I’ll call her Diane. I hadn’t seen her for two years. She’s in her mid-seventies and has been a family friend since I was 11 years old, though we’d never been close. When I bumped into her in a café recently, the first thing she said to me was, “Give us a hug.” With a new-found confidence and sense of worth, I refused. Whilst she soon left me, unhappy with my response, I felt empowered.
There’s a quote seen frequently on Instagram that says, “Be the person you needed when you were younger.” This person is different for each of us. Perhaps you needed someone who would take you seriously. Perhaps you needed someone to provide stability away from addiction and violence. There were two things that I needed: a voice and control over my own body. These are basic human rights that, as children, we may have lacked and that, as young women, we may even deny ourselves.
Violation of our bodies leaves a lingering mark. A decade after I stopped being sexually abused, a stranger sidled up to me and touched me inappropriately. I stayed silent. I told myself that one more incident wouldn’t make a difference, that other people had free reign over me and I just had to accept it. NO!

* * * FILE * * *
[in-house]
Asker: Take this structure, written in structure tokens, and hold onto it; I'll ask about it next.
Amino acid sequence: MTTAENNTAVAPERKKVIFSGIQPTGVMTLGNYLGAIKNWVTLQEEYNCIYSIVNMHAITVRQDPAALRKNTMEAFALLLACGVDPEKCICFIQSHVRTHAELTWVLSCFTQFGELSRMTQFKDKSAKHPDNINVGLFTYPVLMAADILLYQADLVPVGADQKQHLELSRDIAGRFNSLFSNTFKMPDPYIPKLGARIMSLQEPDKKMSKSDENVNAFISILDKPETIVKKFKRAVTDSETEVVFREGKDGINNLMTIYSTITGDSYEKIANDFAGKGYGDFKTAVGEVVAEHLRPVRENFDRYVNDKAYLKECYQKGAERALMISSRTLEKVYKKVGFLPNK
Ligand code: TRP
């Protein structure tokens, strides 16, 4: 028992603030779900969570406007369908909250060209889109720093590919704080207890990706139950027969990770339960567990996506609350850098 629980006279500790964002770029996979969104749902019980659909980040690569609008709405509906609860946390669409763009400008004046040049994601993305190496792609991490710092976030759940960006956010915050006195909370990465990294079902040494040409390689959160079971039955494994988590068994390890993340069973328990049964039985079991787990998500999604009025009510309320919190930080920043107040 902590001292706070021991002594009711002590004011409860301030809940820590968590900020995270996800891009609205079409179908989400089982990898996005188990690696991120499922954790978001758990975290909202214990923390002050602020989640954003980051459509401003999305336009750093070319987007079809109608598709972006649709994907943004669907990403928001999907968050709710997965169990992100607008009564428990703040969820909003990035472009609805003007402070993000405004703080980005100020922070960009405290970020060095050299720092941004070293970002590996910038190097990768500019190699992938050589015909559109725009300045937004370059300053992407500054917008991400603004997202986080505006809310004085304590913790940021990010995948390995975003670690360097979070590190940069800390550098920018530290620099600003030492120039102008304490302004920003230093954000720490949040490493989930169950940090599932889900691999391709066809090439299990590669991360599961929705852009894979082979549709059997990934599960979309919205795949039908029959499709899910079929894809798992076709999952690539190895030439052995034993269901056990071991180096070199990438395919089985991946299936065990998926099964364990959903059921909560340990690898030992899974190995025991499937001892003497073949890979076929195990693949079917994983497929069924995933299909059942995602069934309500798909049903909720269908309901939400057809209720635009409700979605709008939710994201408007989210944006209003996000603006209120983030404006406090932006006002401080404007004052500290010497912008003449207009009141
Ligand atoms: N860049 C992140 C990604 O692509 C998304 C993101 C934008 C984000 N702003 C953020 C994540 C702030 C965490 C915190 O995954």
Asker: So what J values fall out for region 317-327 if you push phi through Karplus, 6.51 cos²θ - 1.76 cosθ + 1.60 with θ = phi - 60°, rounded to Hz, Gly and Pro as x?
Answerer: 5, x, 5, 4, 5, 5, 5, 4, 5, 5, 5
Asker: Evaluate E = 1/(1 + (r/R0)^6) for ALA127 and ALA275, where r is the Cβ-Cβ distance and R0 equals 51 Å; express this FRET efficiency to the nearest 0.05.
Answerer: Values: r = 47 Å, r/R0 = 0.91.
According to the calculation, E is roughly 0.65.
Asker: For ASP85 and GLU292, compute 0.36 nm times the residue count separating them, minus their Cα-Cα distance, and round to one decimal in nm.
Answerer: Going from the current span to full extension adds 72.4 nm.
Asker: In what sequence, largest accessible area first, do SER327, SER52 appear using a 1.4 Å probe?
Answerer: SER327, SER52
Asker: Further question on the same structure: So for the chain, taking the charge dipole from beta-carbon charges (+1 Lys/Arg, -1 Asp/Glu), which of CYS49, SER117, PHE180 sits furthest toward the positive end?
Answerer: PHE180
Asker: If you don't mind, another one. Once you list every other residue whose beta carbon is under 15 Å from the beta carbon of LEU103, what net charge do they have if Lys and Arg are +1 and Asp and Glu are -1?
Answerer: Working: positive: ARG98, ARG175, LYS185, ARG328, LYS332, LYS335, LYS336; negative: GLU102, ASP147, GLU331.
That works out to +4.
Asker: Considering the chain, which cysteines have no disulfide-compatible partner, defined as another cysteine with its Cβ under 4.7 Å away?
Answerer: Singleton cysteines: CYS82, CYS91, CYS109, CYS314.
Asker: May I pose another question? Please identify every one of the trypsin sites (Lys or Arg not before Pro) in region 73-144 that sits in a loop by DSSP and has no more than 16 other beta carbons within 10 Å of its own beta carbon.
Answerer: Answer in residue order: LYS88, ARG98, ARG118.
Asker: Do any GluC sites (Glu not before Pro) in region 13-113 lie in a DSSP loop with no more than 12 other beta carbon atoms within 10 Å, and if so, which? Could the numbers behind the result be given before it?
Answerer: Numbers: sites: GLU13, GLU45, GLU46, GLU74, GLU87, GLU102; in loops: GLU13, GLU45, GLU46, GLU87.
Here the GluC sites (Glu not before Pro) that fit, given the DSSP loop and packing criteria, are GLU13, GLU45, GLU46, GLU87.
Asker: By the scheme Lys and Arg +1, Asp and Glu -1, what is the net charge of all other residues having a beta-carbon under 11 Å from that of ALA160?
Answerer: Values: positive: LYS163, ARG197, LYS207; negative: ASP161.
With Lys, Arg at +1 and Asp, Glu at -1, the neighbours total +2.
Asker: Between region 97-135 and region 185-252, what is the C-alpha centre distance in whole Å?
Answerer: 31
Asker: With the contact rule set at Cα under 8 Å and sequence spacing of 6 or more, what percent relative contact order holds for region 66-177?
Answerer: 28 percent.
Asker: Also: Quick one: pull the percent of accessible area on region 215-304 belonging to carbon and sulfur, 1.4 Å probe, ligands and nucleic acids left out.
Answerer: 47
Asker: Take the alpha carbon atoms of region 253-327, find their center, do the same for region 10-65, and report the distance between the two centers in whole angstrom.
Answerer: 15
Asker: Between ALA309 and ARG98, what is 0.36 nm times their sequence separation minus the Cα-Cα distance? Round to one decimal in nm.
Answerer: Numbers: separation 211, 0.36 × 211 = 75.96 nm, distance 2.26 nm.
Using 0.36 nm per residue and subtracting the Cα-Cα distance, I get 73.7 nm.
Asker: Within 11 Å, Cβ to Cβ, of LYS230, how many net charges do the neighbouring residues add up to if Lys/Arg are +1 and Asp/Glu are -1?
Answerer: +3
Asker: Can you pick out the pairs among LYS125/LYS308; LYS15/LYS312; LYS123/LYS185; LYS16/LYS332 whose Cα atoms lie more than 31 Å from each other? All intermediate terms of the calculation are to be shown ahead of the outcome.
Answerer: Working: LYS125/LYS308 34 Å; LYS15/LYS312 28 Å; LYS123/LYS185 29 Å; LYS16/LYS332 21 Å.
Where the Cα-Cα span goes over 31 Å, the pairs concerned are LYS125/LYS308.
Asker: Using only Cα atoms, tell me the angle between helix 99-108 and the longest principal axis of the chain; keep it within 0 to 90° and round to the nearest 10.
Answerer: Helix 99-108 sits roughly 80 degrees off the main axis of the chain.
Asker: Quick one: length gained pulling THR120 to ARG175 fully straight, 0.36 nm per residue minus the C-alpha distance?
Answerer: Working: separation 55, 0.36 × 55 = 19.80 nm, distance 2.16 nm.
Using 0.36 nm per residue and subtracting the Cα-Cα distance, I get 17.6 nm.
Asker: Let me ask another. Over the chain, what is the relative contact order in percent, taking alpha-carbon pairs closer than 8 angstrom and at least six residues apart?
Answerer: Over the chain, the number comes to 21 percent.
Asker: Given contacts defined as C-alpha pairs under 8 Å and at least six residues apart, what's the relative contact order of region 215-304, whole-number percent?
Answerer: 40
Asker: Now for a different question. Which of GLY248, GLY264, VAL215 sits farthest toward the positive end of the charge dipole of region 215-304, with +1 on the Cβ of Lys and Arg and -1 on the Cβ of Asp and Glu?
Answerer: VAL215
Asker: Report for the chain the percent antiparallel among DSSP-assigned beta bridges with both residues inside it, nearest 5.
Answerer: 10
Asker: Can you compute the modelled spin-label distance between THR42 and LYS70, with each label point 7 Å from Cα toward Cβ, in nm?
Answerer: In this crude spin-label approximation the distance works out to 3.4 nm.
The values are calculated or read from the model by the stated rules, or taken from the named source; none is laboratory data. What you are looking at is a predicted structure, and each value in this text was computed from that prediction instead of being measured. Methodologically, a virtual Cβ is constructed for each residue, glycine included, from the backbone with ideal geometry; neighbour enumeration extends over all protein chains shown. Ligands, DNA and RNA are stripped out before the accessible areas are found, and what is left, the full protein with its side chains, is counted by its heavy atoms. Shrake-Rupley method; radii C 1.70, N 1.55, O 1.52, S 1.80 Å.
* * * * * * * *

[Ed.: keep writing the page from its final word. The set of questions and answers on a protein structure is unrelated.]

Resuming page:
An older woman telling me to hug her may seem a world away from the secrecy of abuse, but the demanding of a physical action reignited the anxiety of that time. Thankfully, Instagram’s wisdom struck me, as I thought, “You don’t have to do this.” The powerlessness that I lacked as a child didn’t have to be a part of my adulthood. The voice silenced by men could be as loud as I asked it to be. This is what I now call My Body, My Rules.
You can always say, “No.” Even if your voice shakes or you’re afraid of the response you’ll receive, you can say, “No.” I was aware that my refusal to give a hug could come across as stand-offish, but I also knew what self-respect I would gain from it. You don’t have to explain your response (“I don’t appreciate a hug being demanded from me as if it’s an obligation!”) as long as you know why you made it. It doesn’t have to be rape or inappropriate behaviour. You can question anything that makes you feel uncomfortable.
Unfortunately, I can’t change my past, nor, if it happened today, could I necessarily prevent abuse from reoccurring. Abusers aren’t focused on the desires of their victims and so a refusal would likely have no influence. But for the little girl who had no choice, I will still say, “I’m worth more than that.” For who I am today, a young woman with value and with dignity, I will say, “This isn’t okay for me.”
Our bodies are ours. It is okay to protect them. In fact, it is of paramount importance that we do. You are precious and one of a kind. Your rules. Always.